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Old Ranger
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Posted: 27 November 2017 at 9:16am | IP Logged Quote Old Ranger

As a youngster I thought in terms for distance
measurement in yards and miles. But... Upon entrance to
the service everything was meters and kilometers. When
ranging my targets in the field, calling in artillery or
air support it was grid location and meters for round
adjustments. When I viewed a battlefield or an individual
soldier in my scope it was in meters. When I trained
troops it was in meters and "klicks".

Upon my return to the civilian populous I slowly learned
to express distance in yards and miles simply to be
better understood. You speak in meters and you get
puzzled or exasperated looks in return. But in my former
"Military Mind" I still think meters. I express yards
here in this forum as a matter of convention. However, I
still, in my mind, think and see meters.
Mathematically it's faster and more precise.
Example: 1,760 yards to a mile... Or....
        1,000 meters to a kilometer.

Using a mil-dot scope and metric measurements are, to me,
very precise where in standard English measurements it's
a might sloppy and imprecise for anything quick to
calculate in one's head.
Saturday, in the dreaded box in the deer pasture, I
ranged EVERYTHING in meters. It was just more natural for
me. Young grandson mentioned it to me back at the house
about a text I sent about distance of a deer in the
field. He told me he had no idea what I meant. Being a
civilian, and staying close to home all his life, he was
never exposed to this. Said he was clueless.

So, once again the Old Ranger boggles yet another young
mind with what my neighbor calls my "G.I. tech language"
that he (a fulltime civilian) fails to comprehend.
As I've grown older I find myself reverting to when
things made better sense to me. I'm just going to express
myself in meters and if I confuse some folks, well...
They're just going to have to catch up. As my boy reminds
me "Pop, you still think you're on point and that old
mentality of 'Rangers lead the way' has never left you."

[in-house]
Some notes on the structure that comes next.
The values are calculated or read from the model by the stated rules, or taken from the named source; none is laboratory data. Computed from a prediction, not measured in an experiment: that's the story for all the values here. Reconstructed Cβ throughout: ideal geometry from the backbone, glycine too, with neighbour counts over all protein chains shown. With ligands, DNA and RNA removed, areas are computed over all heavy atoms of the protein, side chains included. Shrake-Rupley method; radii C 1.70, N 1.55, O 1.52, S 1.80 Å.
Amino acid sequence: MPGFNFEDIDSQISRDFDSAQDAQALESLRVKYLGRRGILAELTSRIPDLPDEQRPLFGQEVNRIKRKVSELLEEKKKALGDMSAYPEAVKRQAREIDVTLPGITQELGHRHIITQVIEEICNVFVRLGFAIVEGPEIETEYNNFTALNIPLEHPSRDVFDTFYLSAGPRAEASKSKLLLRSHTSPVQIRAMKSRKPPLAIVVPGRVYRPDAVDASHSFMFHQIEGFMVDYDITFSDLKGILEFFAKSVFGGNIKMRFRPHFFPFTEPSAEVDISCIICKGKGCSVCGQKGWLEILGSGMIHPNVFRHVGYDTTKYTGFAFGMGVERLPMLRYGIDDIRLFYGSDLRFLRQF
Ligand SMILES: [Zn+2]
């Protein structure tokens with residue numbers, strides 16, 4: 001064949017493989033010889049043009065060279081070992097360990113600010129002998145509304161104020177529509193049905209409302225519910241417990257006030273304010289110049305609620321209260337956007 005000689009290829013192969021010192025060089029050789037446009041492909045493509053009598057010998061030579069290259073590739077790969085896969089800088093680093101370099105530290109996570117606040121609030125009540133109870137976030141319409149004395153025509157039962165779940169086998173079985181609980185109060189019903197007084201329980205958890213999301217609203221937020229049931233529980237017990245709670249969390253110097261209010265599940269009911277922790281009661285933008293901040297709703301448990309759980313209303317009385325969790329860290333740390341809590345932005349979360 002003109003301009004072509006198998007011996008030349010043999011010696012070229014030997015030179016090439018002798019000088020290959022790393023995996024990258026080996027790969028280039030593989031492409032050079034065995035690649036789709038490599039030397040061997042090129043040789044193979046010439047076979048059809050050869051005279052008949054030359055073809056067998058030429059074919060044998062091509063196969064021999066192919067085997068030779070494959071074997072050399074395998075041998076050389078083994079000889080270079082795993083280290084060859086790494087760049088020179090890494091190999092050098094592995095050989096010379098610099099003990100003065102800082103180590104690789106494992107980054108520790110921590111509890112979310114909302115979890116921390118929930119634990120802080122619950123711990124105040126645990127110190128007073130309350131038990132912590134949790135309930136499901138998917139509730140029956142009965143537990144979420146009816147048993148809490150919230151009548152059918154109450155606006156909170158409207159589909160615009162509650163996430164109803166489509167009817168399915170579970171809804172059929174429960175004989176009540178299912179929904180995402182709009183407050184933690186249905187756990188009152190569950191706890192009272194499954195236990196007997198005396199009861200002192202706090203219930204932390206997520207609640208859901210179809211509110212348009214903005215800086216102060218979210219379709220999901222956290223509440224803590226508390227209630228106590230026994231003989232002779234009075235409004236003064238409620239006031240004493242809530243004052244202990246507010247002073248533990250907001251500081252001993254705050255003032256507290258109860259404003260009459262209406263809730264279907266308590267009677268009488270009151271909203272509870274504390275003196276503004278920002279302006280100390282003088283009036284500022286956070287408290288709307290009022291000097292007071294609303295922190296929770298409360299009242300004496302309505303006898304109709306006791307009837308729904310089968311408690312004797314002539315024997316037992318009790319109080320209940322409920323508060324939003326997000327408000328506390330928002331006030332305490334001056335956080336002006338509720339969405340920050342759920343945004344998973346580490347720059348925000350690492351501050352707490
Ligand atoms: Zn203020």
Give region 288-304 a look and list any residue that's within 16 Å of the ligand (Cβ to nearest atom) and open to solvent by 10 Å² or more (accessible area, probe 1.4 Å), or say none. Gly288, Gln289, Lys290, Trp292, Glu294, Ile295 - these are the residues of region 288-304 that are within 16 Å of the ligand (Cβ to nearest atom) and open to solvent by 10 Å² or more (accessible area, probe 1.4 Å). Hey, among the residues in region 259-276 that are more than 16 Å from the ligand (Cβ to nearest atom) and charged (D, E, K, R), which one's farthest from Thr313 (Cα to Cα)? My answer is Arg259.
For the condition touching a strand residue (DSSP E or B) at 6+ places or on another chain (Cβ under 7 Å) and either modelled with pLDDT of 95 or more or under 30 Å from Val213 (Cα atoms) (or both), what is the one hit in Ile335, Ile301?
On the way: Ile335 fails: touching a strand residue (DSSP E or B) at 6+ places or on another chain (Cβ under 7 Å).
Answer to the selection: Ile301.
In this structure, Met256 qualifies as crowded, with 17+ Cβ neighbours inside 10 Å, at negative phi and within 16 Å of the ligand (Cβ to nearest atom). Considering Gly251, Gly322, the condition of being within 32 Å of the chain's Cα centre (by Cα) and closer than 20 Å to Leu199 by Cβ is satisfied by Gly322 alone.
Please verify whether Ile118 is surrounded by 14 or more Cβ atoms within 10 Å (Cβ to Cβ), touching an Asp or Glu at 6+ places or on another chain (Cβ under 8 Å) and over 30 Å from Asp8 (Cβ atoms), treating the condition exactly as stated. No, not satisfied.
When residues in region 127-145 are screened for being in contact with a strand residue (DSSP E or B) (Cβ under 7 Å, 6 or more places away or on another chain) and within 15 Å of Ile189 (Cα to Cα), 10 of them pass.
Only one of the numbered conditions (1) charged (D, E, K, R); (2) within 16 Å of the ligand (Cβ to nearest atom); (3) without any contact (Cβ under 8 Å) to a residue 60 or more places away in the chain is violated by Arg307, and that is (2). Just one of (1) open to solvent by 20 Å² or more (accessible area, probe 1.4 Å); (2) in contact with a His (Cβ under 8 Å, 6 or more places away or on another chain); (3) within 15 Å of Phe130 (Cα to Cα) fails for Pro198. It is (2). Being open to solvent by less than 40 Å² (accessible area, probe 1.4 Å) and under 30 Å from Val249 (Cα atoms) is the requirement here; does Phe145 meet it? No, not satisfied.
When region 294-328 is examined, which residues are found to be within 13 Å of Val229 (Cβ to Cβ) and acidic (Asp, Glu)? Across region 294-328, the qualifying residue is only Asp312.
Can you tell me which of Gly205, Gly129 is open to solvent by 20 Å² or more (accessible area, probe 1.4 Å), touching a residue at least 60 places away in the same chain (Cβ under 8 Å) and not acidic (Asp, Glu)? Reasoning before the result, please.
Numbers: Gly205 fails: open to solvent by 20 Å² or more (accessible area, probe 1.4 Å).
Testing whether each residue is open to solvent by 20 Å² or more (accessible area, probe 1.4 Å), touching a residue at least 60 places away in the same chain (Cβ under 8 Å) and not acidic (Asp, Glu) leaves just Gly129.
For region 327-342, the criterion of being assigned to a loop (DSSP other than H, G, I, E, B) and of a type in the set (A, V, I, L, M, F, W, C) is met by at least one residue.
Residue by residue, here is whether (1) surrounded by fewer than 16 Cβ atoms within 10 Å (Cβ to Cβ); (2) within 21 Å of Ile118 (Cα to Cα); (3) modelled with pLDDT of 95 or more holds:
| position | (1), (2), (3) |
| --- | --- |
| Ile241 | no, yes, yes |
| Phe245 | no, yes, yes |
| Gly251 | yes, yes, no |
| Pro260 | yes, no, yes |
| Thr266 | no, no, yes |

Guess I am hard headed huh?

So am I the only one that thinks in meters?

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rednekpaul
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Posted: 27 November 2017 at 12:16pm | IP Logged Quote rednekpaul

I remember back in the 70`s the schools were pushing the metric system. Saying the US is going to switch over to metric and that was the future. Well, it never happened.
For me the conversion is easy....110 yards=100 Meters, 220 yards =200 meters, 330 yards =300 Metrs, 440 yards=400 meters and so on...I don`t think it really matters, if meters work for you stick with it. most shooting ranges use 100 yards, 200 yards, including my private range. The majority of the shooters think in yards so its just easier. When you buy something like a fence, rope, chain, carpet....you buy it in feet and yards. Its the system we use here in the USA. Ballistics are the same whether you use Meters or yards

Edited by rednekpaul on 27 November 2017 at 12:22pm
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joed
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Posted: 27 November 2017 at 7:46pm | IP Logged Quote joed

You're the only one thinks in meters, I never did while in the military.   
In basic shooting was in meters but I can't remember using it after
that.

I'd like to learn how to use a mil-dot scope though.

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STCM(SW)
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Posted: 27 November 2017 at 10:53pm | IP Logged Quote STCM(SW)

In the Navy we us yards and a nautical mile is 2,000 yards.
So meters mean nothing to me.
I can estimate distance across water to a ship or object in yards and radar has confirmed I'm real close.

Edited by STCM(SW) on 27 November 2017 at 11:33pm


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Ham Gunner
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Posted: 28 November 2017 at 7:47am | IP Logged Quote Ham Gunner

I was reading maps and more or less orienteering with a compass before I even went into the military as I worked for the Forest Service for a short while under a college work/study program during the summers. I was used to using both yards as well as meters. Once I was in the military all the maps were in meters. After I settled into my regular MOS (Combat Intelligence Analyst) I was using maps almost on a daily basis so the metric system was just part of my routine and so I saw things in meters and clicks.